Italian futurism and the machine

Katia Pizzi
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This is the first interdisciplinary exploration of machine culture in Italian futurism after the First World War. The machine was a primary concern for the futuristi. As well as being a material tool in the factory it was a social and political agent, an aesthetic emblem, a metonymy of modernity and international circulation and a living symbol of past crafts and technologies. Exploring literature, the visual and performing arts, photography, music and film, the book uses the lens of European machine culture to elucidate the work of a broad set of artists and practitioners, including Censi, Depero, Marinetti, Munari and Prampolini. The machine emerges here as an archaeology of technology in modernity: the time machine of futurism.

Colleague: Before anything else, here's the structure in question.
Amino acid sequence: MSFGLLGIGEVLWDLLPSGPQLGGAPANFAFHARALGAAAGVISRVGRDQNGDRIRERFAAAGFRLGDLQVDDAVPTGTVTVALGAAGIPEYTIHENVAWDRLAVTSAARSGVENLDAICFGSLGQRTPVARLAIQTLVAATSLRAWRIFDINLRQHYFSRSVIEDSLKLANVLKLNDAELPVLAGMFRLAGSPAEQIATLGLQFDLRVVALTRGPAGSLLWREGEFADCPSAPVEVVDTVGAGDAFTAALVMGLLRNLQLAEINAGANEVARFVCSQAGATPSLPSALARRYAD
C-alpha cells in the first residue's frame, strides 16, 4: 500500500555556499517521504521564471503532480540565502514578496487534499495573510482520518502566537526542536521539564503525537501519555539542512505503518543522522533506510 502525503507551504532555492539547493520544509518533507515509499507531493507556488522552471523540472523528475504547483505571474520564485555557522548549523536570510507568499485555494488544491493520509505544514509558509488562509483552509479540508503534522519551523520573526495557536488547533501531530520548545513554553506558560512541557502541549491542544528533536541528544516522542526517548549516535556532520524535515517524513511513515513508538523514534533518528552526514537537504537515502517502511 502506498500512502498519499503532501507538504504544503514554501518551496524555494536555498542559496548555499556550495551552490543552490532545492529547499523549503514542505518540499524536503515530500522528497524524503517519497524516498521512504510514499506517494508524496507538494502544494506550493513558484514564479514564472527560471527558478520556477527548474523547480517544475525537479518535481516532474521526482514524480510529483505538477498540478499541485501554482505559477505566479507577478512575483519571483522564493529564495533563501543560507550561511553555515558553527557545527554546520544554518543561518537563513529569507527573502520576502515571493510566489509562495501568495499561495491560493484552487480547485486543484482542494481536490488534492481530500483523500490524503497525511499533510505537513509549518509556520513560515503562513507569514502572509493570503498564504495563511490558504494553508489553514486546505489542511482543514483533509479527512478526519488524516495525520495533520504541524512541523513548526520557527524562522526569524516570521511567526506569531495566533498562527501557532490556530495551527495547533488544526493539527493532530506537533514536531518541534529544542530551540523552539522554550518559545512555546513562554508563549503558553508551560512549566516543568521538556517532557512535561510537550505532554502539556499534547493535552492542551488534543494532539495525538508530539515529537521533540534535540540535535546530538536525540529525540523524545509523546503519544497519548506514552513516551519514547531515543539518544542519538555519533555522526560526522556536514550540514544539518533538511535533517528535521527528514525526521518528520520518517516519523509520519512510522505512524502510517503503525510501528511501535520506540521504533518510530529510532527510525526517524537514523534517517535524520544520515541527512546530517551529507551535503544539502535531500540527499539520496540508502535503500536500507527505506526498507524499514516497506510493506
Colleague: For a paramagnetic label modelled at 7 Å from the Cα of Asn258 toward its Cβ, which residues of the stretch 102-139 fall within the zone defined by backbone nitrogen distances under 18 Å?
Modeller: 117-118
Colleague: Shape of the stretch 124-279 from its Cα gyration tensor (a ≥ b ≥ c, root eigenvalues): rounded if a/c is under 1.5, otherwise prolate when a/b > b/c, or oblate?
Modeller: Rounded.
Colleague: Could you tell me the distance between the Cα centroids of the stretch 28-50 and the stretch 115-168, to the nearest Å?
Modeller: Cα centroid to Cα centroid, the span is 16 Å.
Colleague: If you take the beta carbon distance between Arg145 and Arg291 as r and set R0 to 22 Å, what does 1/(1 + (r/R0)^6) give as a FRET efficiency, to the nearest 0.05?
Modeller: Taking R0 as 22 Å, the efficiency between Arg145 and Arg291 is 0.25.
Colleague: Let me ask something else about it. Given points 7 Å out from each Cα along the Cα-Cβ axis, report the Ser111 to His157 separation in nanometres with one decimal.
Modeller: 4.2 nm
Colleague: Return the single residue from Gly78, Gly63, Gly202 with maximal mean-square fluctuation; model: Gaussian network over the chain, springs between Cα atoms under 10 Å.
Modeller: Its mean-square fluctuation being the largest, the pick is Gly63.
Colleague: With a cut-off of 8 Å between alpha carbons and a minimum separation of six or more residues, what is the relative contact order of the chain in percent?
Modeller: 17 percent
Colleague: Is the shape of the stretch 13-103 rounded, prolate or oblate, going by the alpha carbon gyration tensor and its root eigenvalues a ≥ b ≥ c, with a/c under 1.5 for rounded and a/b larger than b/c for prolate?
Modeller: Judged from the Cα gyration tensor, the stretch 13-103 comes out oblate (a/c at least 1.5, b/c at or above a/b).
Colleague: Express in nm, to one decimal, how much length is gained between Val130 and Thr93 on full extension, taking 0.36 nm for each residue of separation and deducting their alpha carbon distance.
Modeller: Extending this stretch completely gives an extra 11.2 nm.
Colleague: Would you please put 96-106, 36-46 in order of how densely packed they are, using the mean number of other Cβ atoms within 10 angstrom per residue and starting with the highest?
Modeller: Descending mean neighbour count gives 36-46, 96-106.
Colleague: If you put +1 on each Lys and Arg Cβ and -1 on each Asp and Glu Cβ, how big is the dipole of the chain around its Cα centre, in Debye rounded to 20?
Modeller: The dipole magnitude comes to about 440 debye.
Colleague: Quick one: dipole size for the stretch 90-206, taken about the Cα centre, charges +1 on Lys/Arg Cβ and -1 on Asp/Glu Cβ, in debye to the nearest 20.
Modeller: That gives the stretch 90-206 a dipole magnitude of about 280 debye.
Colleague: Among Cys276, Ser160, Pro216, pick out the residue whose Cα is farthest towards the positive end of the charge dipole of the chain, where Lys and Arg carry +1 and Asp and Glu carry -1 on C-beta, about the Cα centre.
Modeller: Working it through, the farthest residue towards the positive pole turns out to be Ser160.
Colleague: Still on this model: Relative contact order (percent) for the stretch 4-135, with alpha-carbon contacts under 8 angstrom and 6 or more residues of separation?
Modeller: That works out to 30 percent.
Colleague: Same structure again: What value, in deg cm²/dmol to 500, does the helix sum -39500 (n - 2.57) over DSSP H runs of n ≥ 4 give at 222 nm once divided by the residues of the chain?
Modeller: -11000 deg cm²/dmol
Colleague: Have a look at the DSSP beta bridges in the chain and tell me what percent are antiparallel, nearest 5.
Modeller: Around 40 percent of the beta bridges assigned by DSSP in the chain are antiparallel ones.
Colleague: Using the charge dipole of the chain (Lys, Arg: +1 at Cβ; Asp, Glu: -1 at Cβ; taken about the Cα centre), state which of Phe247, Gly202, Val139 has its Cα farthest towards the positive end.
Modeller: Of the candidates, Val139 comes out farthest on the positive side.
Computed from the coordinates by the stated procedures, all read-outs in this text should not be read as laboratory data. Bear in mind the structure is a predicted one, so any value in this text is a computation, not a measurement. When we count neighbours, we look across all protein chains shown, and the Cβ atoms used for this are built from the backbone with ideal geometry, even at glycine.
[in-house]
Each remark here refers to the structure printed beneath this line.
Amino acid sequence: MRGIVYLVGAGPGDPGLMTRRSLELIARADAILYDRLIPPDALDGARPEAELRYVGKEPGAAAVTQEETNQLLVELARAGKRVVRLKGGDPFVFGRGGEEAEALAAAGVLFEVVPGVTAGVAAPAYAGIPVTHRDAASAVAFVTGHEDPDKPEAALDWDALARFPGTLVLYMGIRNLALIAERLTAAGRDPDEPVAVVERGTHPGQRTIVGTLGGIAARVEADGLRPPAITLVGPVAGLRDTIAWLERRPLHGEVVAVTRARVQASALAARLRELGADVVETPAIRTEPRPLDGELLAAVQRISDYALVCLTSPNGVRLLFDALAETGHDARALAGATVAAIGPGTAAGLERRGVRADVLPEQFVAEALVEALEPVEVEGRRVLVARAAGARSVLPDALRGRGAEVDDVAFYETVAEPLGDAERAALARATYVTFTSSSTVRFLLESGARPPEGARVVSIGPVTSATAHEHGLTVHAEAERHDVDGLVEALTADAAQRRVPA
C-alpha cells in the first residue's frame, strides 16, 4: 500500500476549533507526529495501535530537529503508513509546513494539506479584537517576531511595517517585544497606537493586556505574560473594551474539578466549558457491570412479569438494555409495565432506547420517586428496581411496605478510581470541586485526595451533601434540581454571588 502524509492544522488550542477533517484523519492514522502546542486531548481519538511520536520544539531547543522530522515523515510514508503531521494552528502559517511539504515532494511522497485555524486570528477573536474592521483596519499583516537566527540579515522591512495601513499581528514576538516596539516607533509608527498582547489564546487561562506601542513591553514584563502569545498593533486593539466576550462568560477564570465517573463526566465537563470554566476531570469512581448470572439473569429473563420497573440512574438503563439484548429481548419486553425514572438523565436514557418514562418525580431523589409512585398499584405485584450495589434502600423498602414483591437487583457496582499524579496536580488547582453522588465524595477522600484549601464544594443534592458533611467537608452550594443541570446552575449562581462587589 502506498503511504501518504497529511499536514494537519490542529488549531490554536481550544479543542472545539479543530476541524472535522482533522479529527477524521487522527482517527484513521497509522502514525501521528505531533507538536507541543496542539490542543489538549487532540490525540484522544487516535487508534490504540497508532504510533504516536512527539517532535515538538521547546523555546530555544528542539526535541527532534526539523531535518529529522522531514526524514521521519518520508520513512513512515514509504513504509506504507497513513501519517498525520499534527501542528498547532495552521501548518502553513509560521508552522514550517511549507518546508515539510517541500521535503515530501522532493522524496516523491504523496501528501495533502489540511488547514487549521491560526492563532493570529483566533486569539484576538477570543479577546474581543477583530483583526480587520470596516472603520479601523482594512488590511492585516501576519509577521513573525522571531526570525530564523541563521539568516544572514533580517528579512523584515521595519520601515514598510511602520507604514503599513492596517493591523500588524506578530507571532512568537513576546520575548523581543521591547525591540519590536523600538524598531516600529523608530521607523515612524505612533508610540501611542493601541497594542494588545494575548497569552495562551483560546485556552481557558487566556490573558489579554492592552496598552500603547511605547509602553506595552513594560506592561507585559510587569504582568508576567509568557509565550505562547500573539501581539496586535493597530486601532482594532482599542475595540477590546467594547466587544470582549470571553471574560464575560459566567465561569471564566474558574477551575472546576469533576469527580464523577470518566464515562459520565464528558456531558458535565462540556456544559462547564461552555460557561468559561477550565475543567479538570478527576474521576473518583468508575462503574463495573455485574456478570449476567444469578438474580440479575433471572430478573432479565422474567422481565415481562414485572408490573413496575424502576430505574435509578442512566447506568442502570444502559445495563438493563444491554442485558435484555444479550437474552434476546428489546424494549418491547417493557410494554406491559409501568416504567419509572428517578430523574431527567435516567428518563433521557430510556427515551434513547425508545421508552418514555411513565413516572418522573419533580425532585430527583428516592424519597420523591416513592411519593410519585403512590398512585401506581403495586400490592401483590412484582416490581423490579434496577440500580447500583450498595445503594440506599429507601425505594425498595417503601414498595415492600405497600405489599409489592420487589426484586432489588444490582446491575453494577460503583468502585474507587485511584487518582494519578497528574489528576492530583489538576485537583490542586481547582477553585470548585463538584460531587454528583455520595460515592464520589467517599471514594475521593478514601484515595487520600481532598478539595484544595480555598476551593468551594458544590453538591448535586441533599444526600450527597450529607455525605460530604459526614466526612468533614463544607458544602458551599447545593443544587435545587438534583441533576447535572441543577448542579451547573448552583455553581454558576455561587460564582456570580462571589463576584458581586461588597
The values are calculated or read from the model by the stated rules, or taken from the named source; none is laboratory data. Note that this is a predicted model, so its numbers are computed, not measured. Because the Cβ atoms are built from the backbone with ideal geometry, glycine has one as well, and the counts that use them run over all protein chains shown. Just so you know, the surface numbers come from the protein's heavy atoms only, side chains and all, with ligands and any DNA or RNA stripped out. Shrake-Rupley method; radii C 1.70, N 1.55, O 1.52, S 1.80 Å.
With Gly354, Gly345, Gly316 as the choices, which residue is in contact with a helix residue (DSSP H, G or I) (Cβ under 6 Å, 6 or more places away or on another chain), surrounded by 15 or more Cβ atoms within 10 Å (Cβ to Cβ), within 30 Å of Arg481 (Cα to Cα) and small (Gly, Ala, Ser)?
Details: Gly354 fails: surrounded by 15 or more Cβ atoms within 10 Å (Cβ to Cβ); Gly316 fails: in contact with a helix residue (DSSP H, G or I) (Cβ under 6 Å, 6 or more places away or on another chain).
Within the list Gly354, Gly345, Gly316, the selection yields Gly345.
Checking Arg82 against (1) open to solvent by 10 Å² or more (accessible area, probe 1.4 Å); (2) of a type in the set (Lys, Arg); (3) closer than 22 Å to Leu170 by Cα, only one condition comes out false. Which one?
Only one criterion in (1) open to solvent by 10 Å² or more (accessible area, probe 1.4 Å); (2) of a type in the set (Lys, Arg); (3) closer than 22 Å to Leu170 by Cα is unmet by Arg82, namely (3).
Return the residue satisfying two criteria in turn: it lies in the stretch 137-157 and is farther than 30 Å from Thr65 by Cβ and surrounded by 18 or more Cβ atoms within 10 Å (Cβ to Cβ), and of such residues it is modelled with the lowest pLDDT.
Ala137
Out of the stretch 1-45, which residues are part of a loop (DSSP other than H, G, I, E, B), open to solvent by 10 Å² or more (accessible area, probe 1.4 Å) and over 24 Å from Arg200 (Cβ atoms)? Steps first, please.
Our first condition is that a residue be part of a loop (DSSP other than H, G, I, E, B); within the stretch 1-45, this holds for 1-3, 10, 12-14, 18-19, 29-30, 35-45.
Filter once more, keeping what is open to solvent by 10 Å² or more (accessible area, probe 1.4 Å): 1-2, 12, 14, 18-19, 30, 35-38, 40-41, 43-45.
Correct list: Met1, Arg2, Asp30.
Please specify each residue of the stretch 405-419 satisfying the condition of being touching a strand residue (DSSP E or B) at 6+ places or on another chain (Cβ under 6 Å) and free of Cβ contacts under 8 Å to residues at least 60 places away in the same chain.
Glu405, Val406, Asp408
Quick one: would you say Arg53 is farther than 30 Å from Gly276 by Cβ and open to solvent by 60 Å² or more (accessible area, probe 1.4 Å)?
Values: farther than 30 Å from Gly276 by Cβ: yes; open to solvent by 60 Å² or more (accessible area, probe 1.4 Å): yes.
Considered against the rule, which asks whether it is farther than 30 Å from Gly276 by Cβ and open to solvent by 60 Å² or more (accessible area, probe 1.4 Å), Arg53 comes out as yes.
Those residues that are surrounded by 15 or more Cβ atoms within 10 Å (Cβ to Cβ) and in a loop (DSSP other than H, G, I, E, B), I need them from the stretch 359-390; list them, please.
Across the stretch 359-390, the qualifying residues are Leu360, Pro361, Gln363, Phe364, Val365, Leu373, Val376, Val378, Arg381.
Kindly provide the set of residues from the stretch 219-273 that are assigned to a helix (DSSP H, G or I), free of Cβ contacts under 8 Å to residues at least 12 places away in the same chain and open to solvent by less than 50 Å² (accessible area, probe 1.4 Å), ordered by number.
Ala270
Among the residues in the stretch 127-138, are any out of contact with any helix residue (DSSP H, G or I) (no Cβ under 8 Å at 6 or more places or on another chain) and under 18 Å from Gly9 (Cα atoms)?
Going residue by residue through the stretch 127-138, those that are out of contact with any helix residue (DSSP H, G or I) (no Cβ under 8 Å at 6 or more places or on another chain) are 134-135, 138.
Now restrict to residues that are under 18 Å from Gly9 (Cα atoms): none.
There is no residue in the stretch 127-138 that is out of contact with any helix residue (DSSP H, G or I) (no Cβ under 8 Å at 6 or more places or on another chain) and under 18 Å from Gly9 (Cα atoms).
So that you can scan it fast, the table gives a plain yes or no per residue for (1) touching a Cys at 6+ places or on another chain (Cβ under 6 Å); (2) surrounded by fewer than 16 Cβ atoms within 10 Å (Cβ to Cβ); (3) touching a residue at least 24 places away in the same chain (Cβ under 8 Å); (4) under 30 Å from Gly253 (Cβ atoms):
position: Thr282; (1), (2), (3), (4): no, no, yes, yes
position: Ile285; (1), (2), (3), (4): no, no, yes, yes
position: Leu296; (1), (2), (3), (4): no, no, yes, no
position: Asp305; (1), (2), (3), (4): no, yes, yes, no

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‘Italian Futurism and the Machine is a significant contribution not only to scholarship on the Italian futurists but to modernist studies more generally. This book will be especially valuable to scholars of modernist visual and performing arts, though anyone invested in discourses about modernist machine culture and technology will find much to admire in Pizzi’s book.
The Modernist Review

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